The flight into the Pittsburgh airport began my journey to Youngstown’s English Festival. Marge Ford, one of the festival committee members and ALAN Treasurer (and a whole lot more!) picked me up, fed me, took me to the back to do some ALAN business, and dropped me at the hotel to freshen up. A bit later, Dr. Rebecca Barnhouse, one of the faculty and part of the festival AND an author of one of the books the kids read this year (THE COMING OF THE DRAGON which I highly recommend), transported us to the home of Gary Salvner, festival head honcho, former Executive Secretary of ALAN, and all around chief cook and bottle washer and warm and gracious host. Pot luck buffet tables groaned. I ate, talked books with others, and generally laughed and enjoyed the company. Back to the hotel for some work before bedtime.
Day One starts at a reasonable hour. We gather on the campus of YSU which we learn is home of the penguins. There are penguin statues everywhere. Some are carved from wood, others are sculpted from various metals: all shapes and sizes and colors. Laurie Halse Anderson and I spend a few moments snapping photos and tweeting them out.
Then, Laurie is off to hang with the kids studying how to be a good journalist and I get to address the first adult group of the day, a blend of parents, teachers, and librarians. I had met some of them the previous night at a wonderful pot luck dinner hosted by Gary Salvner and his wife. We get underway. Things appear to be running smoothly. This is VERY familiar territory for me, talking about supporting and encouraging readers. Then, somehow I realize I have loaded the wrong power point onto my thumb drive. As I fumble to change computers and drives, I take questions and, I hope, answer them reasonably. The session ends well. Sigh of relief. Laurie Halse Anderson comes into the room to talk to the same group. She is, of course, wonderful: to the point, honest, irreverent at turns.
Quick lunch, then across campus to another building. We enter a huge ballroom that has been set up end to end with rows of chairs. In flow the largest group of high school kids I have seen in some time. I think there are thousands of them. How will they react to my presentation? II sure will not be asking for discussion in this room. The presentation on how to find the next good book goes well. Some kids stop on the way out to ask questions. A new group files in. I do the presentation with a few tweaks. It seems to work. Then, back up the hill to the awards assembly. Now all the kids are in one room. Gary Salver reads the names of all the kids who have won awards for writing, art, and music. They file across the stage and receive their awards along with handshakes from me, Laurie, and some of the other Festival workers and coordinators.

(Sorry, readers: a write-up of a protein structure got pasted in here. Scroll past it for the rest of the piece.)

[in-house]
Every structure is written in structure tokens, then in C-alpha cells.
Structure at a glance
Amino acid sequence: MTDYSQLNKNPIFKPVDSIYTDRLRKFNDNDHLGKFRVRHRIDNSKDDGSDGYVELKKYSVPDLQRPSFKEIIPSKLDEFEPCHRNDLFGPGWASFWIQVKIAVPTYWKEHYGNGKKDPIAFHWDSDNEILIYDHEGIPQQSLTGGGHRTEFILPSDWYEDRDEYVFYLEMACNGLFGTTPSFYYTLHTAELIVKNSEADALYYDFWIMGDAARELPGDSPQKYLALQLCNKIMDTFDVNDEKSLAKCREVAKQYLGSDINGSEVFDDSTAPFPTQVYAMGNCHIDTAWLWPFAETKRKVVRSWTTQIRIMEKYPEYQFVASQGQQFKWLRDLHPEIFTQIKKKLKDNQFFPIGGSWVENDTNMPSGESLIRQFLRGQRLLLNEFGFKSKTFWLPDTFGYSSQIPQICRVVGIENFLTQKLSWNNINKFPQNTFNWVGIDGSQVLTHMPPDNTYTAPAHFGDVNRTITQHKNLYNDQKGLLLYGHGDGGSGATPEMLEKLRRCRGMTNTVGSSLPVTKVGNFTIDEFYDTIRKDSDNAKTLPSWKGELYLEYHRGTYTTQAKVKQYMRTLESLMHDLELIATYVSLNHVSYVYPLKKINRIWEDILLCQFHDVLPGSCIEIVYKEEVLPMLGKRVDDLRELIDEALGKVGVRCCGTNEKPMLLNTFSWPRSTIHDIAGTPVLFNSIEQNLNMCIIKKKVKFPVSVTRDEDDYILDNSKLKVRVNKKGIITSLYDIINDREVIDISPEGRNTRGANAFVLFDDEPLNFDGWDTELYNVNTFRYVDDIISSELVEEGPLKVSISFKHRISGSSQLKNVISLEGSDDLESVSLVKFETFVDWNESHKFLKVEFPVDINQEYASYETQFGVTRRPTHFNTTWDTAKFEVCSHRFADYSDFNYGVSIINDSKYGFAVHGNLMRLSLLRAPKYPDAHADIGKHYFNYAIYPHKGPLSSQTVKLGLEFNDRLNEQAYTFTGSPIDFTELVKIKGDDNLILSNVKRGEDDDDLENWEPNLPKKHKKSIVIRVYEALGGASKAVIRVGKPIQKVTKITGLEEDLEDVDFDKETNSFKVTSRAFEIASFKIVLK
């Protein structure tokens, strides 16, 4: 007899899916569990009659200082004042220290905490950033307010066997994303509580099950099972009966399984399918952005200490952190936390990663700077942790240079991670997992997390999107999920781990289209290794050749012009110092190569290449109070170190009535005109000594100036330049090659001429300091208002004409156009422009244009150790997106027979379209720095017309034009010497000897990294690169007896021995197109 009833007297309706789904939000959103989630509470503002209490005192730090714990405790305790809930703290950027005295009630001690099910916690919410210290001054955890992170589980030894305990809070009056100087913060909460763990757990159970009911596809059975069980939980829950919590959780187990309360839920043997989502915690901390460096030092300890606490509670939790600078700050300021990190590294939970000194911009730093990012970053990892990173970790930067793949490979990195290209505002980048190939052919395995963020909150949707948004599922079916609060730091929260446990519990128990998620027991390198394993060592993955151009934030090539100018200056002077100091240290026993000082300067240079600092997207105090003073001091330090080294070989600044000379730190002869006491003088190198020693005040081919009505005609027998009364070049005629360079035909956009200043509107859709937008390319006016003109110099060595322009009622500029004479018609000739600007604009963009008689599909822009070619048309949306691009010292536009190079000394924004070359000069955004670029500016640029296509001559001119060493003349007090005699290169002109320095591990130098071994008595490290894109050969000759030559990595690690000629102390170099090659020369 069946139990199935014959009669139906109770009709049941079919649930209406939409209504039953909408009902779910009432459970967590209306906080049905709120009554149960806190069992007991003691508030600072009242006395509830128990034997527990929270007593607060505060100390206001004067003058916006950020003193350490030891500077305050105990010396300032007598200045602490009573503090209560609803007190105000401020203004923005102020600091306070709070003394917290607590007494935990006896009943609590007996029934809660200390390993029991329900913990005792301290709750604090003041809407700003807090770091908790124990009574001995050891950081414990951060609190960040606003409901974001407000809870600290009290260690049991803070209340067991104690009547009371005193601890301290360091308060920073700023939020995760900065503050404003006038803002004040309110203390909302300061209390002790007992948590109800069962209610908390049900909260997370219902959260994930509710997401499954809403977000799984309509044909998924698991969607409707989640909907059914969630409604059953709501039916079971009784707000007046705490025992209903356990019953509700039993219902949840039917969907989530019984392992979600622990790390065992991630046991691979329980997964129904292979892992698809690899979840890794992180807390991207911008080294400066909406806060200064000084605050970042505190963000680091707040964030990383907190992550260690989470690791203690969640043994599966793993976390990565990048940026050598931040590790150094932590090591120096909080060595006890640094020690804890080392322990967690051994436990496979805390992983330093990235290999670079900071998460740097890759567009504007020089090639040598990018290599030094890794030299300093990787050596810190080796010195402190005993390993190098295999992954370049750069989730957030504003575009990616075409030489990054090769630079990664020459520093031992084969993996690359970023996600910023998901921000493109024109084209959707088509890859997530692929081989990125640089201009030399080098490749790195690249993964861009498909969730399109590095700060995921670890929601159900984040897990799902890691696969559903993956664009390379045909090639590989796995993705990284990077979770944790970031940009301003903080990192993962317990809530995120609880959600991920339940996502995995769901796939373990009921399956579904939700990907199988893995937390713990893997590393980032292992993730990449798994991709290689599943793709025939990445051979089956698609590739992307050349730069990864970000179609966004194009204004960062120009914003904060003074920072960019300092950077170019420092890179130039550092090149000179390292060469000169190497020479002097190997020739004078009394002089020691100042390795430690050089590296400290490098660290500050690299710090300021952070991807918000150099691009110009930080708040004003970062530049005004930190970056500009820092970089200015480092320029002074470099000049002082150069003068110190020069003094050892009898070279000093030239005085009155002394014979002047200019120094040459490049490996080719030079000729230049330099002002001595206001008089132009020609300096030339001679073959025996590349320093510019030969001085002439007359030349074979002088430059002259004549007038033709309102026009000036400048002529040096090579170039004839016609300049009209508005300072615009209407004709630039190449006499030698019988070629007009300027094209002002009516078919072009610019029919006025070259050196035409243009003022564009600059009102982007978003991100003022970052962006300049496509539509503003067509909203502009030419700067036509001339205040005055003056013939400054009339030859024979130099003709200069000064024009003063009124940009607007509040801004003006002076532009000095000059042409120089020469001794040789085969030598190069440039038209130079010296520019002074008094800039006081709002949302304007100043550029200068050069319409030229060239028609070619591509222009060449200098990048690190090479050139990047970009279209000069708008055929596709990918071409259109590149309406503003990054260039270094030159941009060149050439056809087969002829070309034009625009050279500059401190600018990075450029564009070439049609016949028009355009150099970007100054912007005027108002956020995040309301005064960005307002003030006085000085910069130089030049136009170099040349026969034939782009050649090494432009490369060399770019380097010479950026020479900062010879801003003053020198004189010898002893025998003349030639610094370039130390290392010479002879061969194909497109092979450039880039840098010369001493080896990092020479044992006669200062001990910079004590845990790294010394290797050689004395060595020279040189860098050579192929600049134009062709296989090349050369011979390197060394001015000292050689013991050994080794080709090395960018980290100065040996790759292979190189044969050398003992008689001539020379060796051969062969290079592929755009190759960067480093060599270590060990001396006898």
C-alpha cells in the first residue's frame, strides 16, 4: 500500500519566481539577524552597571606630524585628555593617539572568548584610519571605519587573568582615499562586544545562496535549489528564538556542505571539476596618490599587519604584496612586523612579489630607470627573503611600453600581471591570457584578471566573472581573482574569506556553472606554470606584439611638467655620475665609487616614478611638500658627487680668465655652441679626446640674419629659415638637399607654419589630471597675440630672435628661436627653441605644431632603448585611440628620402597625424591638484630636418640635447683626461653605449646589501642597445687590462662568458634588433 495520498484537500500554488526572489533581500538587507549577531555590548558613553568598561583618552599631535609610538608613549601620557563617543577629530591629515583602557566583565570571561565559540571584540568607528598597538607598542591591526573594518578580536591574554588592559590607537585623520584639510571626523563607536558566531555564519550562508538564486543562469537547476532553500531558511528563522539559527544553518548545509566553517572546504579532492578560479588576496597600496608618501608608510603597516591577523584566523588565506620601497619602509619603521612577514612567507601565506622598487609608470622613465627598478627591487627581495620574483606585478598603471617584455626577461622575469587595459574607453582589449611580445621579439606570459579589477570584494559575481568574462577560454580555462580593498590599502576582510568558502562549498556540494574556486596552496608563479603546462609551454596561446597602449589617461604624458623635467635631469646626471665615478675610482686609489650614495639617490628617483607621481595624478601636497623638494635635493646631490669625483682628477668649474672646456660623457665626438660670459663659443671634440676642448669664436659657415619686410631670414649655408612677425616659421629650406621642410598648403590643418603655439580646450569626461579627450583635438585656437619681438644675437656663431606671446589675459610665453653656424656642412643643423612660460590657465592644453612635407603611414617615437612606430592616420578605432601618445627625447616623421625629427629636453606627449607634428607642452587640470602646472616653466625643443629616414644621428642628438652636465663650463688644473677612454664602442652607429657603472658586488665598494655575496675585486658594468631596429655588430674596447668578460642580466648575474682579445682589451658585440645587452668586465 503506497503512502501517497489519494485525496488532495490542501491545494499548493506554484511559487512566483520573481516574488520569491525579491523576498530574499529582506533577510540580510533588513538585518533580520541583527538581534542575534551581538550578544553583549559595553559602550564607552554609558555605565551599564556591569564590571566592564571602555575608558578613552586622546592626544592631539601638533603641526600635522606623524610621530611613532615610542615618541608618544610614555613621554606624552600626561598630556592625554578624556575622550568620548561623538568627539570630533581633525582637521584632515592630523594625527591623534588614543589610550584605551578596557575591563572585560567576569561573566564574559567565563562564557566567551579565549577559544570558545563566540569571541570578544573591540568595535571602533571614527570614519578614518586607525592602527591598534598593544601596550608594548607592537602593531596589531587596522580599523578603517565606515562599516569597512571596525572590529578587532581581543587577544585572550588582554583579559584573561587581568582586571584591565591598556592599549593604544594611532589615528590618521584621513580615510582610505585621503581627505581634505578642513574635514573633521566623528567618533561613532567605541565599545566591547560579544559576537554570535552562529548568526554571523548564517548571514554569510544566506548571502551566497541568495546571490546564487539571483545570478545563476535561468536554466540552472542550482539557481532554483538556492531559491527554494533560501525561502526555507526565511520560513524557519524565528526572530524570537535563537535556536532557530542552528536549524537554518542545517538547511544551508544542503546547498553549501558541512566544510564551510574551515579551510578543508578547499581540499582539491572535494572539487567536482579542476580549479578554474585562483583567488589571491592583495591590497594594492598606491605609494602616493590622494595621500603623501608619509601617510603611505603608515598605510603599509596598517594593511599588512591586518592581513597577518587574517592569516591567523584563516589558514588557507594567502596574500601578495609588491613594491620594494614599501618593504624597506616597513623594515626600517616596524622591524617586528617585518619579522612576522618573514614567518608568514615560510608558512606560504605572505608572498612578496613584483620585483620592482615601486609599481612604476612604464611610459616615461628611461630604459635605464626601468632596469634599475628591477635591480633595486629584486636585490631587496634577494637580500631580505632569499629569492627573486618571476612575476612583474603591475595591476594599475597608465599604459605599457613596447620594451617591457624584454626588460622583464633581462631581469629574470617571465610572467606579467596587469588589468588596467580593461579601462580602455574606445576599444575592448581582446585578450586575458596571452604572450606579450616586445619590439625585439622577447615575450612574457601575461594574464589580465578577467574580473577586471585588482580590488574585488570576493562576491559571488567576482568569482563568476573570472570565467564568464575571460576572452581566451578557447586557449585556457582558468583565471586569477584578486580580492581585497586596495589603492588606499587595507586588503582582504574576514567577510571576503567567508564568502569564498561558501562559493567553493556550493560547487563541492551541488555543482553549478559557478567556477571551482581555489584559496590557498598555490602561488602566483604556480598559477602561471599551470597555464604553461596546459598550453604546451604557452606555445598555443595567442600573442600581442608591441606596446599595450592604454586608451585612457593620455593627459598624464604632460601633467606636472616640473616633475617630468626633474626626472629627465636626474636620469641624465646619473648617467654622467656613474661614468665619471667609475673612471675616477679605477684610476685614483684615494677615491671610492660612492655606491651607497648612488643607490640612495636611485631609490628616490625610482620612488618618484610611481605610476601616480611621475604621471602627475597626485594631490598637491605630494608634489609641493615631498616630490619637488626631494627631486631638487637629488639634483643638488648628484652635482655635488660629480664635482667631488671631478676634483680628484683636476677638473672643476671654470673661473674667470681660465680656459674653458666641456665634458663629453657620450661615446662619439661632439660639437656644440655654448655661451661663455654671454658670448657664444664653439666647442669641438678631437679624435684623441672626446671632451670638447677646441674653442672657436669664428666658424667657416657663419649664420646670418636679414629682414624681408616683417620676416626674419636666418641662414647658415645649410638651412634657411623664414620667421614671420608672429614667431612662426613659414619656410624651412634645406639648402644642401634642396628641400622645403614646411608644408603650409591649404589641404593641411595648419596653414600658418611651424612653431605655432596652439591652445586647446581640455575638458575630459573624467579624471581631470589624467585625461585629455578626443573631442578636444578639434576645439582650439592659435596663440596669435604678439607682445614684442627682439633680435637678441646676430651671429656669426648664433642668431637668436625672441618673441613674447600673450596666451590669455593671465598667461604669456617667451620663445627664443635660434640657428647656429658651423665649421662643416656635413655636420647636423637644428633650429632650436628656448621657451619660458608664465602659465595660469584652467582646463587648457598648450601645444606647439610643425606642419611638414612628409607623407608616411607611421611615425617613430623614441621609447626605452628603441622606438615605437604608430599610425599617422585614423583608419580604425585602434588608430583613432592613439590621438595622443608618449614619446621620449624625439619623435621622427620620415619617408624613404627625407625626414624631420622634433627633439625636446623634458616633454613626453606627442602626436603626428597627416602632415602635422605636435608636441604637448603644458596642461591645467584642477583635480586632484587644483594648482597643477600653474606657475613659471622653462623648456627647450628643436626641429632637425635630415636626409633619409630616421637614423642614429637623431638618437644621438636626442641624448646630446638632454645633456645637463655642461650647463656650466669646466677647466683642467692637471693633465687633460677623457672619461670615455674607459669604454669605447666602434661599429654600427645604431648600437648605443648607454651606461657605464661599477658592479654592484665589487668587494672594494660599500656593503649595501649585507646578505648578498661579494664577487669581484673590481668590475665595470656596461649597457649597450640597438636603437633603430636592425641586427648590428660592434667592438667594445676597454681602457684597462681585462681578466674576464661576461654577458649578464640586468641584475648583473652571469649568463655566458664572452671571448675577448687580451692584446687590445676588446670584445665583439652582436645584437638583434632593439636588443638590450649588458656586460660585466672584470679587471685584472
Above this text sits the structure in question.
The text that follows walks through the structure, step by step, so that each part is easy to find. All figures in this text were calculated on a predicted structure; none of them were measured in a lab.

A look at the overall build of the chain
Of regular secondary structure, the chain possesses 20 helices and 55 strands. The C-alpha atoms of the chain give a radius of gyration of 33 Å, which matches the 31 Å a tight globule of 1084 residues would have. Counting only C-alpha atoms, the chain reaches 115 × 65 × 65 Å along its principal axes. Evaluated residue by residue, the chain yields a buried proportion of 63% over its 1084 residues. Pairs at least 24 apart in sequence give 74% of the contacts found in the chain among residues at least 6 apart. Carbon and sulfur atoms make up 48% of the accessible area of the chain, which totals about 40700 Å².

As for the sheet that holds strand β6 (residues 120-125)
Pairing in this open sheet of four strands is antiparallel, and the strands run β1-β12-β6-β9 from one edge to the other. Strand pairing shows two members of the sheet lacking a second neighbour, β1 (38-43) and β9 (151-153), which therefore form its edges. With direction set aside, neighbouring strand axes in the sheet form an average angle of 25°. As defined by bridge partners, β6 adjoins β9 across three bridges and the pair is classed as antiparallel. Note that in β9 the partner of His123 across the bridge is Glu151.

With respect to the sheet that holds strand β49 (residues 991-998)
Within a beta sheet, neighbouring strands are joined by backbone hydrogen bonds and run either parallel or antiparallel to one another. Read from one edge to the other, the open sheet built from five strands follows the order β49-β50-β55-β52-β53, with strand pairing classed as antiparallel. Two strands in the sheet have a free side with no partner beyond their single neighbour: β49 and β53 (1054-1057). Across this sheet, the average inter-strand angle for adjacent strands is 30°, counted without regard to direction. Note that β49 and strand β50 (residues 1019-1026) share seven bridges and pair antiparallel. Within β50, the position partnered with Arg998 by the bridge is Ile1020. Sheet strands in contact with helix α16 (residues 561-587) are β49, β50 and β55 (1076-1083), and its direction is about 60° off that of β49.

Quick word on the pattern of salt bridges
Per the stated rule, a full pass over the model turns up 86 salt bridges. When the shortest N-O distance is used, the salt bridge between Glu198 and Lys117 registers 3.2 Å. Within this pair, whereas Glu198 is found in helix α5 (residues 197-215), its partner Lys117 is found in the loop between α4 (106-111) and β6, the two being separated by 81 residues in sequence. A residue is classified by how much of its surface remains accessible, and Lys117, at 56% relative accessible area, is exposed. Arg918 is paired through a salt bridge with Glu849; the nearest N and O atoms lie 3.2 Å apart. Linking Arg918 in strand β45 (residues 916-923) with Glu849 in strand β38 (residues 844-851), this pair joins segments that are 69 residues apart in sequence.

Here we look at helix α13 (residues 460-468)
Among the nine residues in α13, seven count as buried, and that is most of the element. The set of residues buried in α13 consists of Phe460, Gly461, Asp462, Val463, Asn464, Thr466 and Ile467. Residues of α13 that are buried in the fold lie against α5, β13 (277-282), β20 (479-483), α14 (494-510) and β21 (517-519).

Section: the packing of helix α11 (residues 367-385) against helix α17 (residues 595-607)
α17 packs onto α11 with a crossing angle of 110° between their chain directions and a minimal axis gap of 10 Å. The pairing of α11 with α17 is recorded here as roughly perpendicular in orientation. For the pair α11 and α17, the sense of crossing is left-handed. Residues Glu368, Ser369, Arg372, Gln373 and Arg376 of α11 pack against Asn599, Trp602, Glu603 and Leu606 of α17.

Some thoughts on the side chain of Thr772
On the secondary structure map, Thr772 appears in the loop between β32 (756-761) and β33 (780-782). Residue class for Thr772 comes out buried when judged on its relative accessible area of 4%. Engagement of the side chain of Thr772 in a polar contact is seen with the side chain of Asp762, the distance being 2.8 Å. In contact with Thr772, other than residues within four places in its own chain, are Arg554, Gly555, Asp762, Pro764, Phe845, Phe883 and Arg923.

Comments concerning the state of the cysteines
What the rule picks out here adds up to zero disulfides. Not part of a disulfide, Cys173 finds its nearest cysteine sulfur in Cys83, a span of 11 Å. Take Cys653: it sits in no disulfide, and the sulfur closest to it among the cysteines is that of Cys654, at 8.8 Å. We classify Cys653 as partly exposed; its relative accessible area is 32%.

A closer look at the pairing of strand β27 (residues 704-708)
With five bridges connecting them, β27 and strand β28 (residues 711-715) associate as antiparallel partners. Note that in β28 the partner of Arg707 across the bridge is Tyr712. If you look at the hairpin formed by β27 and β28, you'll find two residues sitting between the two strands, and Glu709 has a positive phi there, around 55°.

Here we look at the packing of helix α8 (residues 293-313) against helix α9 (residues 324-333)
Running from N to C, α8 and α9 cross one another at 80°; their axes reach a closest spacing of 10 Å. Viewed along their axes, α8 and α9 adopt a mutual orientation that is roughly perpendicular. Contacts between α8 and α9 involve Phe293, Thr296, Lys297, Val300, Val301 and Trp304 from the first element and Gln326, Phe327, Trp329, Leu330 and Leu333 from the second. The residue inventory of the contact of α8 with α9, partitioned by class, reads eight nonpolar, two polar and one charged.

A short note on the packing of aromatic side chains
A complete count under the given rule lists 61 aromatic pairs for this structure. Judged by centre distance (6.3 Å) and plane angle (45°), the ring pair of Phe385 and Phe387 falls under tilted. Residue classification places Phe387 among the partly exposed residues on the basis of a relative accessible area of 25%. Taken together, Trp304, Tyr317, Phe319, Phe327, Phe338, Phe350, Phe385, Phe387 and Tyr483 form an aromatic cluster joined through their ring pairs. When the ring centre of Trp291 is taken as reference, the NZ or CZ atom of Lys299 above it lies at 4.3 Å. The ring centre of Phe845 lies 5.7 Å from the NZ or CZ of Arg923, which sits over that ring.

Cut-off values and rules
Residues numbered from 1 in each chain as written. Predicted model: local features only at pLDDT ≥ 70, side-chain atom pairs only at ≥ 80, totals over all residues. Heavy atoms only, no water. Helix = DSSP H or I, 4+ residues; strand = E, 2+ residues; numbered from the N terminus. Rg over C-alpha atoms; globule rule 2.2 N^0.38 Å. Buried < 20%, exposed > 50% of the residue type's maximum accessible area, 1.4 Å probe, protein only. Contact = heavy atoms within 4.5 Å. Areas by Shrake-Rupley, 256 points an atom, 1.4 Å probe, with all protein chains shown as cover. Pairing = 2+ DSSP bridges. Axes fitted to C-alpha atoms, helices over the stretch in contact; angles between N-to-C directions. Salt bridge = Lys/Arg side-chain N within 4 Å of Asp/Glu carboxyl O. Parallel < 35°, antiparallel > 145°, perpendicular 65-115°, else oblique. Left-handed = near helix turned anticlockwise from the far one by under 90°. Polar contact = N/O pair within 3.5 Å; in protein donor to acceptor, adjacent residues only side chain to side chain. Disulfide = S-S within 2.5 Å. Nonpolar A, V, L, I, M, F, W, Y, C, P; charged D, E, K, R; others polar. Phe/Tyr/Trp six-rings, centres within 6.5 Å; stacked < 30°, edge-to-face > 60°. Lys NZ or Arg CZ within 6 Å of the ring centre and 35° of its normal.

Day 1 ends with a dinner with the Dean and Provost. I get to sit at the table with the dean and a group of English professors. Never have I enjoyed a conversation about grammar and sentence structure and literature more. Back to the hotel. Fall into bed.
Day #2 opens with a new group of adults. This time I have the right presentation loaded! Hurray! I listen to Laurie and then head to a quick lunch. Following lunch, I do a half hour interview with one of the English faculty that will air on the university radio station. The afternoon is two more sessions, this time to junior high kids. I change the presentation for the second go round. By then they have visited with Laurie and need something different. I decide to tell them the Grimm version of Cinderella. They respond with incredible enthusiasm. I think I have figured out how to set up this presentation to a cast of thousands more effectively. Another awards presentation. Dinner is on campus with YSU English faculty and local teachers and leaders of the local NCTE affiliate. I get to talk to Mary Arnold, librarian extraordinary. Gary and I have the chance to talk, too. Relaxed, warm, hospitable and not a liitle bit of laughter from all those there all of whom are exhausted. Back to hotel. Sleep good.
And now it is Day #3. Morning session with adults includes the family of one of the folks who endowed the conference. They decide I am terrific because their daughter has a long list of books from my presentation. Laurie is up next. Then lunch, a quick video interview and off to the final two middle school sessions of the day. I have hit my stride despite my fatigue. Last award presentation. Lovely drive to the airport and time to read.
Kudos to the folks who spend so much time and care putting this all together. Terry, Pat, Lou, Steve, Molly, Nicky, Andrea (and I am missing names; it is due to fatigue I assure you), and all of you: I felt so appreciated and honored. I hope to come back some time and just sit and watch.
A final note: I wish we could clone this conference (which means cloning all those who work so hard to get it prepared and run) and take it from sea to shining sea. This is all that is RIGHT with education, right here in a nutshell. For everyone who will say kids don’t read and teachers don’t care and unions are bad: go to the YSU conference and see what all is RIGHT.